The Missing Dimension
I am a social designer, researcher, digital and cultural project coordinator and co-founder of the collective Umarell.
I have a background in cultural and digital studies with a focus on the redistribution of commons and public encapacitation through co-creative process. After my master, I did a traineeship as design researcher in a program between Amsterdam University and the airport of Schiphol. I’ve lead a research on the enhancement of the baggage reclaim experience including field research, behavioral experiments and research-tools crafting. From there, I’ve worked for 6 years in cultural institutions such as Palais de Tokyo and Fondation Cartier as digital project manager where I’ve been curating the digital content and developing mediation web-based tools. One of the project I’m the most proud of is the Sally Gabori’s website (for which I was head-editor and project lead): https://www.sallygabori-fondationcartier.com/map
In parallel, I’ve been working with the collective of architects Umarell to create experimental research methods and tools that can bring out vernacular knowledge and help users recognize their own power of invention and intervention.
One example of this practice is the residency « un trou dans la raquette » hybridizing architecture with journalistic investigation, happening and speculative design : https://www.ma-lereseau.org/residence-architecture/un-trou-dans-la-raquette or the Europan 16 : https://www.europan-europe.eu/en/exchanges/the-bet-of-the-living
To complete this hybrid profile, I’d like to add that :
- I’m an associate teacher at Sorbonne Nouvelle where I love collaborating with students on the future of cultural mediation.
- I try to write more and more on my practice. Next article will be published in the « Revue Blok » this winter: https://www.instagram.com/revue_blok/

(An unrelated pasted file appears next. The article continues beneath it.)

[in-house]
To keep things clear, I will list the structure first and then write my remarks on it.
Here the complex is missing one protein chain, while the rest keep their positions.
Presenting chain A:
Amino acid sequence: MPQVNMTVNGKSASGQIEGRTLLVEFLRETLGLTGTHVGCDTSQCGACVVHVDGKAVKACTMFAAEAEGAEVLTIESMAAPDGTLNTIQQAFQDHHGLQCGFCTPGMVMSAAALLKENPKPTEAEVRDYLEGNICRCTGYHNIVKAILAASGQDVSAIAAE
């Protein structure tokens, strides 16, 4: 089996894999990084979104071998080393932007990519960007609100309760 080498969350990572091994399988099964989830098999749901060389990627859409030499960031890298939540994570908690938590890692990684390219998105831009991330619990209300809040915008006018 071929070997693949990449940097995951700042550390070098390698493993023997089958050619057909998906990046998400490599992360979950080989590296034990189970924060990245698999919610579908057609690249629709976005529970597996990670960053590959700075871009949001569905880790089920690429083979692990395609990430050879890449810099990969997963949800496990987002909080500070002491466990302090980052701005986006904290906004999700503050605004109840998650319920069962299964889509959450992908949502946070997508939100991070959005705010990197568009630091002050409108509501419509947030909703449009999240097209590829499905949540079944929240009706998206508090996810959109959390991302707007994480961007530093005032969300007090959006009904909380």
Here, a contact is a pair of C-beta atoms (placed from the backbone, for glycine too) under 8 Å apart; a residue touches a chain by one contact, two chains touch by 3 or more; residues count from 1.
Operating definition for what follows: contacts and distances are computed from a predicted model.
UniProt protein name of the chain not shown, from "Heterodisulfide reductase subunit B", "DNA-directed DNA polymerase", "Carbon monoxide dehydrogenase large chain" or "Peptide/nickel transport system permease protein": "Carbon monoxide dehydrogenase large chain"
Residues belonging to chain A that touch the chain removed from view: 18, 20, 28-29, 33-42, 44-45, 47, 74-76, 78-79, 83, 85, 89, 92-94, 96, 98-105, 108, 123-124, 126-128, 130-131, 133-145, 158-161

- I’m the co-author of the community research project « the everyday data (h)activism toolkit » https://data-activism.com/
"The Missing Dimension" is an on-going research project on chronotopic approaches towards city-making.
The notion of 'chronotopy' refers to the simultaneous consideration of temporal (chronos) and spatial (topos) dimensions. For decades, notions of time have been largely overlooked by modern and contemporary city planners, who prioritize instantaneity over long-term considerations. What if the consideration of upcoming city-makers’ could be to build not only over space? In the face of the imminent sixth extinction and the global climate crisis, the objective of this research is to break away from established capitalist criteria of performance and efficiency. Instead, it seeks to embrace a long-term vision of time that aligns with the natural pace of the living world and reconnects with ancient beliefs (7th generations rule). Frequently linked to the concept of space/time optimization (diversification of uses in existing spaces, 15 minutes city), 'chronotopy' functions as a non-anthropocentric and post-growth tool to understand temporalized and gendered uses of places shared between all living forms.
Chronotopic approaches to space-making offer a comprehensive understanding of the dynamic interplay between organisms and their environment, facilitating a deeper exploration of ecological processes and their temporal dimensions. However, unlike space, time is difficult to perceive. "The Missing Dimension" aims to transform abstract scientific research data into a tangible and comprehensible representation, allowing us to grasp the presence of time in a more concrete and accessible manner. The ultimate objective of this research is to provide city-makers with a comprehensive tool-kit, to take care of space and time towards a regenerative city.
The project could take various participatory forms, including workshops, collective field research, an exhibition or a lecture. So far, a first representation of regeneration time scale has been edited.